Is there a name for this bias towards the status quo?

When people debate changing the status quo and trying something new, it often seems to me that whatever flaws the current method has, the one they’ve known for a while, are likely to be forgotten or dismissed and flaws of the suggested changed are noted critically, making it sound as if the new method is inferior because the old one is flawless in their mind.

To give some examples - when people discuss whether we should move to more nuclear power to replace coal, the discussion seems to end up with “Well, nuclear power creates nuclear waste, and that’s a logistical problem to deal with, therefore let’s not do it”… the discussion seem to never account for the pollution and waste that coal power generates, even though it’s a vastly bigger problem - because it’s how we’ve always done things and it doesn’t seem to count. So we’re not comparing the harm of dealing with coal waste vs nuclear waste - we’re just saying “nuclear waste introduces a new flaw, and therefore we shouldn’t do it”

Or even another argument within the nuclear debate - whether we should move the nuclear waste from now and in the future to a repository site like Yucca mountain. People seem opposed to having a centralized site like this in part simply because it would mean acknowledging that we were going to actually dealing with the waste and have a plan for it. As if they could somehow wish the waste away by not allowing it to be stored somewhere. But they ignore the current situation where it already exists and is stored in much less safe ways across the country.

Another example would be some aspects of the current healthcare debate. “But there would be rationing if the government took over, therefore we shouldn’t do it” is a popular idea. But the reality is that the status quo already features rationing - there’s only so much medical care to go around, and it’s rationed by price and time availability now, along with the insurance companies attempting to deny any treatment they think they can get away with. The rationing in the status quo is mentally dismissed and only the rationing of the proposed solution is accounted for.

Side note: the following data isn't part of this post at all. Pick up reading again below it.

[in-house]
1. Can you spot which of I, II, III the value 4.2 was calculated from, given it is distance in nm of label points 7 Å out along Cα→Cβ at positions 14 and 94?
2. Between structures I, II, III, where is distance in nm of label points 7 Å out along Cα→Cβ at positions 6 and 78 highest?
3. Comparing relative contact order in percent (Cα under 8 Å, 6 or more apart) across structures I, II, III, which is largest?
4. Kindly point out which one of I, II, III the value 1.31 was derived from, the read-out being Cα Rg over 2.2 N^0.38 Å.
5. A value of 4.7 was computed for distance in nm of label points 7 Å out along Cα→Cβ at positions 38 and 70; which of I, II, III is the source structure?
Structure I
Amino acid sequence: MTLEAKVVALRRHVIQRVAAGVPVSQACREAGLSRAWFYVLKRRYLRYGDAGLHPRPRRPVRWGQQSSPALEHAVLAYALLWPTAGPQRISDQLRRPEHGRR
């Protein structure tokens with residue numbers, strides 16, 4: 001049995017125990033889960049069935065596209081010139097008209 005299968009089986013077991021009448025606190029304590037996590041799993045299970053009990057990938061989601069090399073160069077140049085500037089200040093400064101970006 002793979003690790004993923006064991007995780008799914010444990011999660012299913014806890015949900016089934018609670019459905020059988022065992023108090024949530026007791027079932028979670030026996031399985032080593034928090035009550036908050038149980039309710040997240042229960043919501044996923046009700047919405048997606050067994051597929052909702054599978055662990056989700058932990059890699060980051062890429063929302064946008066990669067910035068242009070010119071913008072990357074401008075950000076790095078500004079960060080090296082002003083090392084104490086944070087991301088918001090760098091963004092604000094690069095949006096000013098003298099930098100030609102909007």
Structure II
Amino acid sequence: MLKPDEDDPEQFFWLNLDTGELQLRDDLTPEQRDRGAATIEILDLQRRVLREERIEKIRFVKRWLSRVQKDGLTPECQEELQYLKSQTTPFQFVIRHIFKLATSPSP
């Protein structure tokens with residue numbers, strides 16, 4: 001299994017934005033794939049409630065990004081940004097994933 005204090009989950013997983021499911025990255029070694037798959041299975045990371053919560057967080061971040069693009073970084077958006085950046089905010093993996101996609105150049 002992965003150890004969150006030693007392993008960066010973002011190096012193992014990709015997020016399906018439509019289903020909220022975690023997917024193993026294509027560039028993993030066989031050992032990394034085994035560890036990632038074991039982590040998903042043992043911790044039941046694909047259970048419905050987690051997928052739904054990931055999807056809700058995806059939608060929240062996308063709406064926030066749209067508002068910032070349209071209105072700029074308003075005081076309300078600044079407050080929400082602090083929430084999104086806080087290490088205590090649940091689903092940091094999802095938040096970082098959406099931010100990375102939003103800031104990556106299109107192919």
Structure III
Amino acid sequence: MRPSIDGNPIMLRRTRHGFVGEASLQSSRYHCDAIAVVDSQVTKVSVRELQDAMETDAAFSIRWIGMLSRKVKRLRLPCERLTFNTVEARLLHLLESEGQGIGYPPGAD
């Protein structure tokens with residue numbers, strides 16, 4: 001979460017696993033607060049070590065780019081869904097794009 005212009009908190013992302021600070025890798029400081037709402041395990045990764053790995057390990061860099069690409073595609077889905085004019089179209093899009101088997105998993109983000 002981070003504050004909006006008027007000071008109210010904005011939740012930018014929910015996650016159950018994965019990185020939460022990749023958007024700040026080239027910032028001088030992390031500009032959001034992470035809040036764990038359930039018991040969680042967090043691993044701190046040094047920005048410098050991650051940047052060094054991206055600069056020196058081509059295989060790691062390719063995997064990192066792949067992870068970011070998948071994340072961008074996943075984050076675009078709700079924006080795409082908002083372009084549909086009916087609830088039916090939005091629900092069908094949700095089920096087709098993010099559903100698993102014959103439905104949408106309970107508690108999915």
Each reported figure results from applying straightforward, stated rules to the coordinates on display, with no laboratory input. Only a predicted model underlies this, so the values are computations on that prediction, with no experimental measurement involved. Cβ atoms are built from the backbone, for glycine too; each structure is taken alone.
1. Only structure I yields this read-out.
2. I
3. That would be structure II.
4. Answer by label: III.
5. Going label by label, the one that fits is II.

And so if you forgive the status quo for its current flaws, but at the same time give full weight to the flaws of any change, it appears that changing is the inferior option when it may have relatively fewer flaws in reality.

This isn’t the nirvana fallacy, where people think it’s not worth doing something unless the solution is perfect, although it may be related. It’s more of a cognitive bias that automatically favors what the person is used to. Is there a term for it?

Better the devil you know?

Is it “conservatism”? That is, the state of being “conservative”?

this, perhaps?

if not, maybe these will be helpful:

http://en.wikipedia.org/wiki/Prospect_theory
http://en.wikipedia.org/wiki/Loss_aversion
http://en.wikipedia.org/wiki/Pseudocertainty_effect
http://en.wikipedia.org/wiki/Endowment_effect

A bias toward familiarity?

In one of my engineering classes, they explained that unfamiliar risks are usually seen as being worse than familiar ones. That’s why nuclear power is seen as being bad – radiation is still an exotic, mysterious force in most people’s minds.

Other normal human biases are:

*Chronic losses over catastrophic losses. An event that kills one or two people frequently is seen as better than a rare event that kills a large number of people at once.

*Control over lack of control. Situations that are out of your control are seen as bad.

A good example is the fear of flying. There are still many people who have never flown, so air travel is unfamiliar to them. Plane crashes are catastrophic events, capable of killing hundreds of people, and the passengers in an airplane have no control over the situation. In terms of risk perception, air travel hits all the wrong notes.

Yes, and it’s an everyday term: Conservatism.

Consider this formal, number 1 definition of the term:

Several of my uncles considered themselves clear and strong conservatives only since they returned after fighting World War II. They saw conservatism as the socio-political drive to maintain the status quo of the 1950’s, the only time during which they considered America to be properly structured, with women and minorities out of competition with them in the workforce and in society at large. They held that patriotism was what I would today call Hannitiean jingoism, and they simply adored Joe McCarthy and his sub-literate contempt for “card-carrying Communists in the State Department” and for “faggots” and “niggers”.